Leasing triple net properties is a common structure in commercial real estate. In spite of its popularity, brokers often fail to grasp the whole concept of leasing triple net properties. In this article we have thoroughly discussed the common understandings involving triple net properties.
What is a Triple Net (NNN) Lease?
In a NNN lease structure, the tenant is bound to pay all operating costs. It is also referred to as a “turnkey” investment: the owner doesn’t have to bear any operating costs. To have a total understanding of NNN lease, it is important to know the spectrum of commercial real estate lease first.
The Spectrum of Commercial Real Estate Leases
Every real estate lease lies either on the absolute net lease side or absolute gross lease side of the spectrum. And an NNN lease falls in the absolute net lease category. However, for convenience, we usually refer to it as a triple net lease.
Always review the lease when dealing with triple net properties leasing. This is part of your due diligence process of evaluating leases. This is the only way out to get familiar with all terms and conditions. Labels like modified gross, triple net, and full service may often be in conflict with the penned terms.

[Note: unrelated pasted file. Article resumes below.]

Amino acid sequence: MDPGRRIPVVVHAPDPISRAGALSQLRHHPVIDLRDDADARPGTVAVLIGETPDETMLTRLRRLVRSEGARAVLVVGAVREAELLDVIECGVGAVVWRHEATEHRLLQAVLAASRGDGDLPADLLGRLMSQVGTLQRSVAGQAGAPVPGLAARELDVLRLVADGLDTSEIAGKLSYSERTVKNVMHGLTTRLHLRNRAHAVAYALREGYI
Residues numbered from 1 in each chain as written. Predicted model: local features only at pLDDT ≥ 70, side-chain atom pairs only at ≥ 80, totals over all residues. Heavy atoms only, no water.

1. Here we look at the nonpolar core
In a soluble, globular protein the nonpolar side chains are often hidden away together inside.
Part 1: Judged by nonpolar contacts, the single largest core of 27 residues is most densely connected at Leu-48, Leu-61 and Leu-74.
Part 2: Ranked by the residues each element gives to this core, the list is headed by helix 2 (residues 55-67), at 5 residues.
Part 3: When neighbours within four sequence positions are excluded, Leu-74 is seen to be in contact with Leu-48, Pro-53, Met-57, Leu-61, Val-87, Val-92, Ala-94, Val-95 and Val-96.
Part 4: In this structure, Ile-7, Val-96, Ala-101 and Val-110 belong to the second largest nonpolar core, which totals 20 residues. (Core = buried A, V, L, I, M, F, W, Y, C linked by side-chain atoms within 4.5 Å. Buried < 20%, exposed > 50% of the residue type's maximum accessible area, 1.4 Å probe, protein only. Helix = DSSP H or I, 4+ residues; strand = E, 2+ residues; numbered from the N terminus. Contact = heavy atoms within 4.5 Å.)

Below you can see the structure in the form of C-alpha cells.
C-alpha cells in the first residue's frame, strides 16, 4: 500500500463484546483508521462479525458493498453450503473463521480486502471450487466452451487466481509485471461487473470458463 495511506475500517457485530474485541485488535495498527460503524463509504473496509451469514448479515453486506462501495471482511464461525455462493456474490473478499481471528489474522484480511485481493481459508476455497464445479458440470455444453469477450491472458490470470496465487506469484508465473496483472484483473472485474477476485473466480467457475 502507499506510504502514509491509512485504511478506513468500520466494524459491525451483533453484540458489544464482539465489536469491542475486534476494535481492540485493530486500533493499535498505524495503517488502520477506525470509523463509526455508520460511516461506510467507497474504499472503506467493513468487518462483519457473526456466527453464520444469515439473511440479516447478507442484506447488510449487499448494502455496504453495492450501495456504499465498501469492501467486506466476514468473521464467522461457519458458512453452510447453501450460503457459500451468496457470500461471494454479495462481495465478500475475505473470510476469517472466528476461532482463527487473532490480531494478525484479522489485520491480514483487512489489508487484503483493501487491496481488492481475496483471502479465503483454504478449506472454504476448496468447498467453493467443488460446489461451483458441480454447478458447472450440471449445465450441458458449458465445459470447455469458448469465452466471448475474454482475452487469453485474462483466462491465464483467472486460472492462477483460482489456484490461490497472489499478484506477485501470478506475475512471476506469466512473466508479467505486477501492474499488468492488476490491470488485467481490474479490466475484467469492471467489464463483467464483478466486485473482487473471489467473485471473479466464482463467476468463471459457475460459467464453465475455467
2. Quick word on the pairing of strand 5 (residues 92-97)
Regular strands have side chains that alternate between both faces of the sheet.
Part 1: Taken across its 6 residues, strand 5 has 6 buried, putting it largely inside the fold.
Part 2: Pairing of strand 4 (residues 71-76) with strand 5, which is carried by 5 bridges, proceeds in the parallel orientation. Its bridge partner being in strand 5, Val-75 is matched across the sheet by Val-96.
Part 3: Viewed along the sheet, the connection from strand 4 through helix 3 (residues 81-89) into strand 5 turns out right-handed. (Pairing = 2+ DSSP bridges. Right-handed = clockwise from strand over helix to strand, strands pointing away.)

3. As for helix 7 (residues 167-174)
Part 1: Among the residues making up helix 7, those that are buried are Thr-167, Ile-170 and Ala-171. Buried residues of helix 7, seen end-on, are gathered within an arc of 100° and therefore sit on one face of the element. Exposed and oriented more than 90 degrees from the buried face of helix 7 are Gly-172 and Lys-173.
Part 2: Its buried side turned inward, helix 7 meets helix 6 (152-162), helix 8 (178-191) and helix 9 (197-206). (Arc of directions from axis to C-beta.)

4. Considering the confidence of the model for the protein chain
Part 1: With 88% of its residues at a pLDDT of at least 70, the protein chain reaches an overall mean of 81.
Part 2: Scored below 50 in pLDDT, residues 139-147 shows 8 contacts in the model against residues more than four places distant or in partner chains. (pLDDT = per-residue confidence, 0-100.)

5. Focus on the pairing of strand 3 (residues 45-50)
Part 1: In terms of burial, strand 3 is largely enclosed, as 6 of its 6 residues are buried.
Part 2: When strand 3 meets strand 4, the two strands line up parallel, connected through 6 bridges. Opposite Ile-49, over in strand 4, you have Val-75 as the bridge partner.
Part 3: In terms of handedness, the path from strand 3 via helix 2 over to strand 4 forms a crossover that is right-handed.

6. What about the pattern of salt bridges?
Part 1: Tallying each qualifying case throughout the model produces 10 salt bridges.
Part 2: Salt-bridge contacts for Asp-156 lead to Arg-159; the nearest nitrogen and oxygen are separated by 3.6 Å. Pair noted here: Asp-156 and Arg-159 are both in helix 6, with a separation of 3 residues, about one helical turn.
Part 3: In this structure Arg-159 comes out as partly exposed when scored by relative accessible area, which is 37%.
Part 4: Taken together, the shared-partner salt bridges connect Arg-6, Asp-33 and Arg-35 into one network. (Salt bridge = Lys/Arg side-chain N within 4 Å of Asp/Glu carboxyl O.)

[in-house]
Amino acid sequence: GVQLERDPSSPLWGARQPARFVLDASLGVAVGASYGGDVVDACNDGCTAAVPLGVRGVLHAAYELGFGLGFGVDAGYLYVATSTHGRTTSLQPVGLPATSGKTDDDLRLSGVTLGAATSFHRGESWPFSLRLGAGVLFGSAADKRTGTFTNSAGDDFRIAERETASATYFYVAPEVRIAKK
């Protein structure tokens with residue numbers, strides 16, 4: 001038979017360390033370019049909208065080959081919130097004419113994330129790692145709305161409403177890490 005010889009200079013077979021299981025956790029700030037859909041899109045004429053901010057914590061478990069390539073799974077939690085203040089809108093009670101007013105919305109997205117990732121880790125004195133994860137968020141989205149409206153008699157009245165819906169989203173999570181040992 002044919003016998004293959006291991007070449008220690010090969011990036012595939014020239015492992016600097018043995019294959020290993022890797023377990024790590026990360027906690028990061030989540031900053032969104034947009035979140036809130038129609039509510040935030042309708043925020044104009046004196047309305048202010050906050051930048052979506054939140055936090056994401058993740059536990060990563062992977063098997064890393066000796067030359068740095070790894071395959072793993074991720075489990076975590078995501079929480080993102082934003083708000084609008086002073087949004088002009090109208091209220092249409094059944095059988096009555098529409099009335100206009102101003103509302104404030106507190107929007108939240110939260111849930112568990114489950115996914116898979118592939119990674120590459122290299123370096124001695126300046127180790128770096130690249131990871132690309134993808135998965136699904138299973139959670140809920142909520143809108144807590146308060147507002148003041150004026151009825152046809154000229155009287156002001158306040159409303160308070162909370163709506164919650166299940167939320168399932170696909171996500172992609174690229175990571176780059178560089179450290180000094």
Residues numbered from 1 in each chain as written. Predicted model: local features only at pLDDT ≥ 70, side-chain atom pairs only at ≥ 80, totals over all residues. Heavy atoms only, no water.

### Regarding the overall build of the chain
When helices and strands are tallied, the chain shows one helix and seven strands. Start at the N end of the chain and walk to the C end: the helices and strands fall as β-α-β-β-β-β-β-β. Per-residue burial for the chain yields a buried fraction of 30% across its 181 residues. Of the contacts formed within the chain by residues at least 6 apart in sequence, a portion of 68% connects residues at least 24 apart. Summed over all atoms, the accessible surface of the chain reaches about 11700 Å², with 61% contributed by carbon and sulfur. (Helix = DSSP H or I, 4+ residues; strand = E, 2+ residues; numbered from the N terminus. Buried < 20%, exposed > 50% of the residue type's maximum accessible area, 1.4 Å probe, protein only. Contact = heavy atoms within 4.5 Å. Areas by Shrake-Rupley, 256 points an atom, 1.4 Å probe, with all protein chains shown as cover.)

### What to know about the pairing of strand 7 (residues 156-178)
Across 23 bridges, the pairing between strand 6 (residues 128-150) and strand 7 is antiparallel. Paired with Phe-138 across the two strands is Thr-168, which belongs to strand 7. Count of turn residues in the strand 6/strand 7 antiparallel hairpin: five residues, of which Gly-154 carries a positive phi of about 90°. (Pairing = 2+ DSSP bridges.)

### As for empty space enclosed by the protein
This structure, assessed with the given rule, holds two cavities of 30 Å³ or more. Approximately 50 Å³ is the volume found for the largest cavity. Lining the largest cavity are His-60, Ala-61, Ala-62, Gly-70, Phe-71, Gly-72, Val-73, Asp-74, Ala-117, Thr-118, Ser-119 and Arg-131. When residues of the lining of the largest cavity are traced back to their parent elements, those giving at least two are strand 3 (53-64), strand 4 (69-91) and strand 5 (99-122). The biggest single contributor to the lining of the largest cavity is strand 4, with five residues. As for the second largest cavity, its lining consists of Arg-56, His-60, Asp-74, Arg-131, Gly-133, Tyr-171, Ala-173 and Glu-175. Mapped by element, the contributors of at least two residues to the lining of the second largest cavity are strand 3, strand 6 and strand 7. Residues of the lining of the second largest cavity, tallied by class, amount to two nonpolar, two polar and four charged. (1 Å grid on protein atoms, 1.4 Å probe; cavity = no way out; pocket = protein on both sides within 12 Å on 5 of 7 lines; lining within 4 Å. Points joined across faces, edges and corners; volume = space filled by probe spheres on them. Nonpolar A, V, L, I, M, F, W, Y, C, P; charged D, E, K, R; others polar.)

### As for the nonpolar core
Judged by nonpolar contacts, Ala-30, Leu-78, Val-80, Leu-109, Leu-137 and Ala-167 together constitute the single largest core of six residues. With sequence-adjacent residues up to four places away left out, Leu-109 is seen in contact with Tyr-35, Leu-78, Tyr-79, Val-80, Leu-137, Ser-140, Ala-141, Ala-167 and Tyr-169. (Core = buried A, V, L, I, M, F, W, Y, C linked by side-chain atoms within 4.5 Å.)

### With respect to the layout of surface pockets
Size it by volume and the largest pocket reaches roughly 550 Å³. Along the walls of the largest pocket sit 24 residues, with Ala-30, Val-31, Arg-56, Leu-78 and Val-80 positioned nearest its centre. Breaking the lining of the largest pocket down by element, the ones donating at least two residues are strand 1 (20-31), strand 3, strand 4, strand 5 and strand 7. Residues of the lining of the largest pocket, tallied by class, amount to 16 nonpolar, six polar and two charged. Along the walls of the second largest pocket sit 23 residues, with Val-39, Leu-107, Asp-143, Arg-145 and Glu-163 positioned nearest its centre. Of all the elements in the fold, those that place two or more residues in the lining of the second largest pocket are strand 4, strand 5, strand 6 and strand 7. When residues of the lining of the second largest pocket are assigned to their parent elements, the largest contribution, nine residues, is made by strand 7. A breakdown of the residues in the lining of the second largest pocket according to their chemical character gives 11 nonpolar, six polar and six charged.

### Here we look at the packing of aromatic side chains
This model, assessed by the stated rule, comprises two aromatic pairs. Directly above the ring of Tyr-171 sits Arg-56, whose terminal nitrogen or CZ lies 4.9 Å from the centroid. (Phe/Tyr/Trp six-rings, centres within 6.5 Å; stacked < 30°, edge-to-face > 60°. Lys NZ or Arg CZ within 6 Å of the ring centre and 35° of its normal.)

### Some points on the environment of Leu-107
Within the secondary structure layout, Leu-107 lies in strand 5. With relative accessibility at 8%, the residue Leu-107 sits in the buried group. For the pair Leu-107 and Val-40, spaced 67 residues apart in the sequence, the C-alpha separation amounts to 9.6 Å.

What the NNN Lease Does Not Include
One common misconception about absolute net lease is that it covers all expenditures that involved with a property. But it is not always the case; there are few costs relevant to absolute net lease, which the tenant has no obligation to bear.
For instance, an NNN leasing doesn’t cover the accounting costs of reviewing or drafting documents. Though this seems to be nothing in comparison to the cost of purchasing a property, leasing triple net properties doesn’t cover them at all. Thus it would be wrong to think of every cost as absolute, though the name suggests so.